Thursday, May 29, 2014

USGS Stream and Reservoir Gauges

Building on the code already in place for Snotel, I'm pleased to announce another real-time datasource: USGS water gauges.  While it's more of a frontcountry source than a backcountry one, streamflow information can still give you a good picture of the snowmelt situation and help determine whether rivers are easily crossable.  Of course boaters use it all the time, but large rivers only make up a small portion of the network, and those gauges are better covered by sites like dreamflows.com.

that's a lot of gauges

There are 7500 stream and reservoir gauges, v. 850 snotel sites.  I haven't modified the code to be more selective about how many stations get displayed at once, so users with slower, older machines may find their browser slowing down after enabling the water gauge layer.  If this proves to be problematic, let me know - if enough people complain, I'll look into fixing it.  On my 3 year old laptop, it was a non-issue.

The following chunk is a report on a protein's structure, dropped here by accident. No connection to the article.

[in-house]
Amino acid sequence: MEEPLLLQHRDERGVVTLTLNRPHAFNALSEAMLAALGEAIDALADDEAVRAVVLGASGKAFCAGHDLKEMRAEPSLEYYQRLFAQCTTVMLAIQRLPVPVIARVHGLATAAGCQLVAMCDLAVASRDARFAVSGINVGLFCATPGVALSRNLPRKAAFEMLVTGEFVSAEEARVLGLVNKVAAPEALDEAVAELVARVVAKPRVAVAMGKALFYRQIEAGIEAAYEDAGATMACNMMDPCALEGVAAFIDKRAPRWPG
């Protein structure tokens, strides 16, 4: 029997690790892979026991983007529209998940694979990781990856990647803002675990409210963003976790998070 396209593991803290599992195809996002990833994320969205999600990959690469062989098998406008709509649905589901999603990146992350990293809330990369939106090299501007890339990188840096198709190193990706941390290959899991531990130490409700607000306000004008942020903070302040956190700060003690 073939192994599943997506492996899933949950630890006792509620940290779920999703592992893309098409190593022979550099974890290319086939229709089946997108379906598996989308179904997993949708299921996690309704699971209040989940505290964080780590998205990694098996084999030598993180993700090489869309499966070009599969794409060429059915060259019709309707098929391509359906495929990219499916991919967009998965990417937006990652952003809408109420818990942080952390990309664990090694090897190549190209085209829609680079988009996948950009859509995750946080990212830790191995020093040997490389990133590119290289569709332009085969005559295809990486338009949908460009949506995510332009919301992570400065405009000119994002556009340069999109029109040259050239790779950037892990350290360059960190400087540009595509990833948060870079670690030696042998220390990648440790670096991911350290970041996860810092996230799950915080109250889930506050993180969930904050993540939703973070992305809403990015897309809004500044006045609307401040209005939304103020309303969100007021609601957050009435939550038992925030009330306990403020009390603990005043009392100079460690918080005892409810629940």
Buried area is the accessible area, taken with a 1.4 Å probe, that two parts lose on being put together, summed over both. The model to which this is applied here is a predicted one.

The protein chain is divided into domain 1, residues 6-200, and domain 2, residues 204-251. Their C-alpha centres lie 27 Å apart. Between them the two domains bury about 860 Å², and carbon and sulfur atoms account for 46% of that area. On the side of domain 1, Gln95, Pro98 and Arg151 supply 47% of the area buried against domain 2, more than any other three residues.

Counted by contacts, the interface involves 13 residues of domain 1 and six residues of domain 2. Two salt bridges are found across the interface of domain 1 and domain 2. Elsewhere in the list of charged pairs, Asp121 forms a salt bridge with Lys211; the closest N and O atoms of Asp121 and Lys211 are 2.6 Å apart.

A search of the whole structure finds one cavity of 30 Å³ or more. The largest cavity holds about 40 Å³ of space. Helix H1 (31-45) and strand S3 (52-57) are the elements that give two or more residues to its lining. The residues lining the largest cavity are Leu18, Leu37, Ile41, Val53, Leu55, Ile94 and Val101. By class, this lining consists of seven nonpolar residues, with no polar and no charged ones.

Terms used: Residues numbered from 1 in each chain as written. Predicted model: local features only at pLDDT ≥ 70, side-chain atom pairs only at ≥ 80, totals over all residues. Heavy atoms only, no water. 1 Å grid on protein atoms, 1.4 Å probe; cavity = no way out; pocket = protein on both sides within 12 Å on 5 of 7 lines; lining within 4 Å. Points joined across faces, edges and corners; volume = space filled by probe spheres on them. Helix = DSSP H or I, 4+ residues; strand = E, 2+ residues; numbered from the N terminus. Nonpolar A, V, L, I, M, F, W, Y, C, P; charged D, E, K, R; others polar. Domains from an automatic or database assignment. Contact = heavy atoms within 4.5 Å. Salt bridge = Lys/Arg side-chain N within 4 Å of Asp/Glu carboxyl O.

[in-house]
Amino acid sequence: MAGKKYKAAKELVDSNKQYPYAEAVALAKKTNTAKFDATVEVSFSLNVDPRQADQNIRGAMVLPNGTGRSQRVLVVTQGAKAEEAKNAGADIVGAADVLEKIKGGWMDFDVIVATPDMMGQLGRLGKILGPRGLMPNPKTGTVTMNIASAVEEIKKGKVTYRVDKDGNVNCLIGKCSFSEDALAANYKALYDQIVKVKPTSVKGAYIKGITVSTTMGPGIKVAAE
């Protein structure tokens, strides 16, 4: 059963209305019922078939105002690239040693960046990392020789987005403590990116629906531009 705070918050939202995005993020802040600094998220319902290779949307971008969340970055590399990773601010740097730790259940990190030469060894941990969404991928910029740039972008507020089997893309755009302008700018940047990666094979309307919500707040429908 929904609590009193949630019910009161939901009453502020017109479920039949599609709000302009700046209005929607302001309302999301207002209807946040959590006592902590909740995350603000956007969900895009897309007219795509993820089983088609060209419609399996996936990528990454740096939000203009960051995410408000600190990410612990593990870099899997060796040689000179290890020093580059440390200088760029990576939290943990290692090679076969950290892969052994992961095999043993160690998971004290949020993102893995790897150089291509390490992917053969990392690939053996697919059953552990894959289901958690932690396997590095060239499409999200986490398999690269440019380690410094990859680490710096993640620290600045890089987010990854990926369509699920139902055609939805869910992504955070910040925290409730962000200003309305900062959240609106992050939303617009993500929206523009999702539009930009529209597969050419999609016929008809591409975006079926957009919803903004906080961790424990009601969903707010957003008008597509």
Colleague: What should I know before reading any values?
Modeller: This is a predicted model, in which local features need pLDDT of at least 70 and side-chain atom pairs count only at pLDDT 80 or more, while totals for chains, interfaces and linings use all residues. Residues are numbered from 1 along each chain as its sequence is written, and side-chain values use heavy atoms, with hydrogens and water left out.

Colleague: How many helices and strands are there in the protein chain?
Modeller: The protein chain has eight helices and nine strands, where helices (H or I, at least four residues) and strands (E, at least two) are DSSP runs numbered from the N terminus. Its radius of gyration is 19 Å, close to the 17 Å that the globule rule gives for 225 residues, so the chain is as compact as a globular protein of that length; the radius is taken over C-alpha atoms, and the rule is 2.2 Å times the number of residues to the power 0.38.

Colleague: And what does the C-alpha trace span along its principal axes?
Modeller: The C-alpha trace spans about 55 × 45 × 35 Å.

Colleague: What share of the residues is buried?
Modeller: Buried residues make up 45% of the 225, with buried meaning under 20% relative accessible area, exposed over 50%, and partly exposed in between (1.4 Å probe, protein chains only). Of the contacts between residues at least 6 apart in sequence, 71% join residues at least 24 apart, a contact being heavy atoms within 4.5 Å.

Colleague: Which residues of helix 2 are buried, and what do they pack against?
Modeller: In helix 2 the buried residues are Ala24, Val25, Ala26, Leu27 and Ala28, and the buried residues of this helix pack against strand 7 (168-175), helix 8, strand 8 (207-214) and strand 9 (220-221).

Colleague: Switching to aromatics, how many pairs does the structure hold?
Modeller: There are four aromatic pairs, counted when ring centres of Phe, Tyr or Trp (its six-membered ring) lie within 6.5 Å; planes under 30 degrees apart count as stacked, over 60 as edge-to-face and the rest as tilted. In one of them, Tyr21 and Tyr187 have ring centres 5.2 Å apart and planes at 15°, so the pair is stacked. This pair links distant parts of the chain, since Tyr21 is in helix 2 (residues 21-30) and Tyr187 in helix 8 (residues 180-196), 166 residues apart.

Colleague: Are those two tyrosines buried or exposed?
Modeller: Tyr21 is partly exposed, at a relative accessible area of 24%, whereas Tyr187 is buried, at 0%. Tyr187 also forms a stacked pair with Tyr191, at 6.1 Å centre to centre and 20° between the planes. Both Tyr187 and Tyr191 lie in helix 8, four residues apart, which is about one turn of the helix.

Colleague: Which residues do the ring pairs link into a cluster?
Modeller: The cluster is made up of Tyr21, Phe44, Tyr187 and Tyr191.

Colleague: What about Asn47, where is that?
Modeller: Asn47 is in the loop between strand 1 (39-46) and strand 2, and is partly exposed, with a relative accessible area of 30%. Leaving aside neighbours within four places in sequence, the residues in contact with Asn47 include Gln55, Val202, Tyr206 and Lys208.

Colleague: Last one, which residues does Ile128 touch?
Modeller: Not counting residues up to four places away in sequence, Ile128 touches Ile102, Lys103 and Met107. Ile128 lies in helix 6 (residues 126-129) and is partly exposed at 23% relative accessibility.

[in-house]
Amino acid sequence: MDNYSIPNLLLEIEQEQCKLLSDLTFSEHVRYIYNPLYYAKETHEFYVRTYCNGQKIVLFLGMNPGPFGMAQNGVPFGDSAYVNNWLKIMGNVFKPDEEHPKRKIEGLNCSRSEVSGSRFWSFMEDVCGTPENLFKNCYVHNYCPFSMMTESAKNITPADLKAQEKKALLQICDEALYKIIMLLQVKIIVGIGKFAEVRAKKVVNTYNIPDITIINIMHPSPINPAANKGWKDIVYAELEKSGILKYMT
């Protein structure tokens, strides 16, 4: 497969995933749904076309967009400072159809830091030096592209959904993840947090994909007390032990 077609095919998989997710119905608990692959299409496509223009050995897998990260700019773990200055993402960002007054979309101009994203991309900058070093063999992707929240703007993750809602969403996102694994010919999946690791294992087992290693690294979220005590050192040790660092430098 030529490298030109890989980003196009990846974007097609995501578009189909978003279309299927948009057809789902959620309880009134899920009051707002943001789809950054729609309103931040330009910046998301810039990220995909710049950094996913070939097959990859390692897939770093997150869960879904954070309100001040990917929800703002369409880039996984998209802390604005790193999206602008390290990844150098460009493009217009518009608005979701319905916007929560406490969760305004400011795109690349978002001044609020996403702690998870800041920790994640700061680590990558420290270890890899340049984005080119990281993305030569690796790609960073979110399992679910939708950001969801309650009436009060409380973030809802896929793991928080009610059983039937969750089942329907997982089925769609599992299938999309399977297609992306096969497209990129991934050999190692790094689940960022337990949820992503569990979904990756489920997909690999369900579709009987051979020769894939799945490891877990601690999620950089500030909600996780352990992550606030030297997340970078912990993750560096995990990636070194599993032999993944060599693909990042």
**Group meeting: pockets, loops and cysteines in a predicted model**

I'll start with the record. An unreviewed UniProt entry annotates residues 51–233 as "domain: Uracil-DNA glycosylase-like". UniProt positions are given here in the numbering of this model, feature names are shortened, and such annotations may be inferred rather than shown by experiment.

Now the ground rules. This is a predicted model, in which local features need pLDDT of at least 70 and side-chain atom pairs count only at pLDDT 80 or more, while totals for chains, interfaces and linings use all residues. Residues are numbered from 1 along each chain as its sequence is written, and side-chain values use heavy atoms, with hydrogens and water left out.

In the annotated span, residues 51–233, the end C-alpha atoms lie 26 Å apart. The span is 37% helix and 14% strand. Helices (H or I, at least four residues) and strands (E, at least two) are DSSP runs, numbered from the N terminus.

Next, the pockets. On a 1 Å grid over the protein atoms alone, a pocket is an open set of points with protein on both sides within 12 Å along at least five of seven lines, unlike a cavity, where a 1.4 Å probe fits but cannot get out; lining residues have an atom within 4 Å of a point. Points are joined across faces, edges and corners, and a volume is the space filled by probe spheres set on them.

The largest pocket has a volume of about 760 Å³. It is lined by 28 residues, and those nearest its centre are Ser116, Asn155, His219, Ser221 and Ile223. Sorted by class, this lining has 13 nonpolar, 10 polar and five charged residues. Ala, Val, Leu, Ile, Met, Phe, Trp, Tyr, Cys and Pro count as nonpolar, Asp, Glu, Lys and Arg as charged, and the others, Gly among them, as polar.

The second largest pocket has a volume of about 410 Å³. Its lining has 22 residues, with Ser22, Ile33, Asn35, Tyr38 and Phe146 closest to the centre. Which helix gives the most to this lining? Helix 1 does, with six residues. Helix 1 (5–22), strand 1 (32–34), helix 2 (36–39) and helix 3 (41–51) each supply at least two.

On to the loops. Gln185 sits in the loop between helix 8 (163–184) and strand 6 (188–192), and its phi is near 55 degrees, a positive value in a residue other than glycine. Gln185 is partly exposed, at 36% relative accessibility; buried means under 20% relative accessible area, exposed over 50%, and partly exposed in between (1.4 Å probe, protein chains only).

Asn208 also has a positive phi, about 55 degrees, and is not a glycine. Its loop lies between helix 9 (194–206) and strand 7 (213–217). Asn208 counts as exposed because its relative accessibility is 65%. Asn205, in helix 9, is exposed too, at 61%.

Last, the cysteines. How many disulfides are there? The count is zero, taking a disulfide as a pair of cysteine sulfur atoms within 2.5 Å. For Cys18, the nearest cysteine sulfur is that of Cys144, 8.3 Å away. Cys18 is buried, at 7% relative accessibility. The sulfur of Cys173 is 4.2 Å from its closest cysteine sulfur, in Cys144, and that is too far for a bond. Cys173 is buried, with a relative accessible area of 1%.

Much like the snotel layer, zooming in displays the current real-time value for individual gauges.  Streams show the flow in cfs (cubic feet per second), and also the water temperature in degrees F, if available.  Reservoirs show the current capacity in acft (acre feet).  When you mouse over a station, the tooltip shows the time at which it was last updated.


Click on a station to bring up a graph of the last week.  Cubic feet per second is in blue, degrees F in red, and acre feet in black - although no station will support all 3 values at once.  Mousing over the graph brings up a vertical bar and provides the time and reported values at that point.  Because station update frequency varies, there is no time range selector like with the snotel sites, at least for now.


The layer is available via the "Water Gauges" checkbox underneath the Snotel layer, or click here to try it.

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